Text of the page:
On 22nd June 2017, Walk Wood was officially opened by Dame Helen Ghosh in front of a crowd of staff, volunteers, contractors and supporters that have assisted in bringing this project to fruition. Attendees were then invited to take a tour of the woods to see the work that has been done and the sculptures created by Keith Pettit. The newly-appointed Woodland Manager was also in attendance and we look forward to seeing how the woods continue to develop.
Walk Wood at Sheffield Park
Fifteen years of restoration work has come into fruition as Walk Wood, at Sheffield Park and Garden, opens to the public.
This summer the woods are open daily until the end of September. To celebrate this milestone and to help highlight the natural and historic features, local artist Keith Pettit was invited to create a collection of sculptures for display in Walk Wood.
You can now follow the sculpture trail, stepping through portals and across raised walkways to see the pieces which have been inspired by the surroundings and predominately created from natural materials.
A 15 year restoration
The woodland was first purchased in 1982 by the National Trust, on the north-east side of the garden at Sheffield Park in order to provide a windbreak for the garden. In 2002 Park and Garden Manager Andy Jesson, together with his team of staff and volunteers, began a woodland management plan to create better light levels to increase the number and quality of bluebells and encouraging greater biodiversity.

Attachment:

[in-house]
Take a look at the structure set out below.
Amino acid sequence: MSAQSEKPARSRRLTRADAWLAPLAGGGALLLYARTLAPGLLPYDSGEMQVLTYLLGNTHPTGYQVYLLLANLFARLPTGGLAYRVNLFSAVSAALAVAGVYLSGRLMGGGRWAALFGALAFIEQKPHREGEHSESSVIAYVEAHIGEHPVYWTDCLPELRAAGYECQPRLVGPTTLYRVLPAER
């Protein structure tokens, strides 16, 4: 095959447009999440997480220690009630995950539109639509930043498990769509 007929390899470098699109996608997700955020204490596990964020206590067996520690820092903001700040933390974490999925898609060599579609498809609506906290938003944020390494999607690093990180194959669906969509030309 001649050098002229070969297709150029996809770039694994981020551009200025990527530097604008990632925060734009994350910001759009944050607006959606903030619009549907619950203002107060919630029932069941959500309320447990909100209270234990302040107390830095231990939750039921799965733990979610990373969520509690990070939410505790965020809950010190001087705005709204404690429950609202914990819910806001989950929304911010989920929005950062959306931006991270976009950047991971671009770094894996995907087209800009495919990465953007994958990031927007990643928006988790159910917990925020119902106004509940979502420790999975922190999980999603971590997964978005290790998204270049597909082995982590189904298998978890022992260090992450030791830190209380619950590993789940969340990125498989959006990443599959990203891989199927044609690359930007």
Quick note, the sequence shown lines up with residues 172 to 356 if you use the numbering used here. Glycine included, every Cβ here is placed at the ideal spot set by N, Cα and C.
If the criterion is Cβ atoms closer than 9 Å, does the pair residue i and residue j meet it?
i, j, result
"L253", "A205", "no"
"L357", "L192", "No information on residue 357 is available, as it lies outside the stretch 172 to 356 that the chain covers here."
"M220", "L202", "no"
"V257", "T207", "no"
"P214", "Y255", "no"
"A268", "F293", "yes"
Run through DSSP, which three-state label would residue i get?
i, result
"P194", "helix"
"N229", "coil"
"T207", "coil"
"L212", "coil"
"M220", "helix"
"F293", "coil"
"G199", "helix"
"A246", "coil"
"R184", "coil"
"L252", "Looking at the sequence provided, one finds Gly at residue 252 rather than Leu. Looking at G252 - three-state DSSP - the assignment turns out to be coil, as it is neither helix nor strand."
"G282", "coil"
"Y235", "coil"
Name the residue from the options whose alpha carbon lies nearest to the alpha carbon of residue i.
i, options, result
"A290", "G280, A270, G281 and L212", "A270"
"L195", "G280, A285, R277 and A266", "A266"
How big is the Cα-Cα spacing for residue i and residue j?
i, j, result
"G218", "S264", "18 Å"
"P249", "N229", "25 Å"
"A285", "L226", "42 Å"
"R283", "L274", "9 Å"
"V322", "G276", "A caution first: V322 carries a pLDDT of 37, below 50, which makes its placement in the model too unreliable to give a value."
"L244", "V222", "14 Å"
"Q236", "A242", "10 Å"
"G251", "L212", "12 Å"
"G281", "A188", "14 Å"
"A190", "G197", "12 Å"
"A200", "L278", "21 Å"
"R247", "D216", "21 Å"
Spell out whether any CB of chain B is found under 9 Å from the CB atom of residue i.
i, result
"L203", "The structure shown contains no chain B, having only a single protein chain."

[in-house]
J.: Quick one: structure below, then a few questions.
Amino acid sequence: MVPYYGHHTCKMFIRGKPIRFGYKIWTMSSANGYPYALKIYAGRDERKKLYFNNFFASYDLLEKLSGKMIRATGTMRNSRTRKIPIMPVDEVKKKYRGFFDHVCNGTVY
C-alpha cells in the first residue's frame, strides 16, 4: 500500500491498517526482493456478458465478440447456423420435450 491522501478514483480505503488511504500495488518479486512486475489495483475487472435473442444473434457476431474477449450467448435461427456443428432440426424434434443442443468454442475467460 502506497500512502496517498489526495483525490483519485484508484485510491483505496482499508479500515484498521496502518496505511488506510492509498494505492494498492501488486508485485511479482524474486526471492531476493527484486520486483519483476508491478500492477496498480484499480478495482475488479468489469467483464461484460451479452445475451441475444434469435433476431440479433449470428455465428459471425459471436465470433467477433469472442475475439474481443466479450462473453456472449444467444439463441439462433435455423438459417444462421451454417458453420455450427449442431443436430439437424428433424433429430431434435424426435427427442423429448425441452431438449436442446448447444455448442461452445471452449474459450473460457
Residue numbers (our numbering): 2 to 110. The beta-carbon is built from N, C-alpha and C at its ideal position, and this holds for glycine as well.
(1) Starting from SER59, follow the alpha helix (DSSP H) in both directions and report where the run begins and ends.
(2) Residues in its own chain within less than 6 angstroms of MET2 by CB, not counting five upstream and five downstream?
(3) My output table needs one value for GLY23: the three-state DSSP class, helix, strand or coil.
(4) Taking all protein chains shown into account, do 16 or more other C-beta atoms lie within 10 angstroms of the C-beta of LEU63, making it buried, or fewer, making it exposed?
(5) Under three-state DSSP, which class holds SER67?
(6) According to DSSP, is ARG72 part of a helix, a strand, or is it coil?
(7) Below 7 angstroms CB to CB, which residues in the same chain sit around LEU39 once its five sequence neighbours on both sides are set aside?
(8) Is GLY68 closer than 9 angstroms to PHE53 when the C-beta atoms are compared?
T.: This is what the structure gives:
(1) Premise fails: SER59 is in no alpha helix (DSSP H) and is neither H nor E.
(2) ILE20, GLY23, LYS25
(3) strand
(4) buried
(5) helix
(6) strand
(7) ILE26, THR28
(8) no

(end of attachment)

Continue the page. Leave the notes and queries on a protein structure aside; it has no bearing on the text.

With the help of a generous £20,000 legacy in 2005, we began to uncover the layers and find out about its past. It’s taken 15 years to unearth the secrets of the ancient woodland, including volunteers, archaeologists, nature conservationists, forestry officers and historic curators.
Andy Jesson said: “For me, this is probably the proudest thing I’ve been involved in. As a conservation charity the National Trust wants to offers extraordinary experiences in the outdoors so people can get up close to nature and wildlife, will come to value it, and want to look after it.”
Uncovering the wood's history
It was also discovered that Walk Wood in particular had a great historical significance with remains of planting and paths going back to the original 18th century design for the garden. Many archaeological features from this time are still visible.
Follow the progress of restoring Walk Wood with our timeline, below:
22 Jun 17
12 May 17
Local Sussex artist Keith Pettit was commissioned to create a series of sculptures in Walk Wood. In a short video interview, he discusses his inspiration and the significance of the pieces.
02 May 17
Bringing back bluebells
Bluebells are in full bloom in the woods. See them in this short video where Andy Jesson talks about what Walk Wood means to him.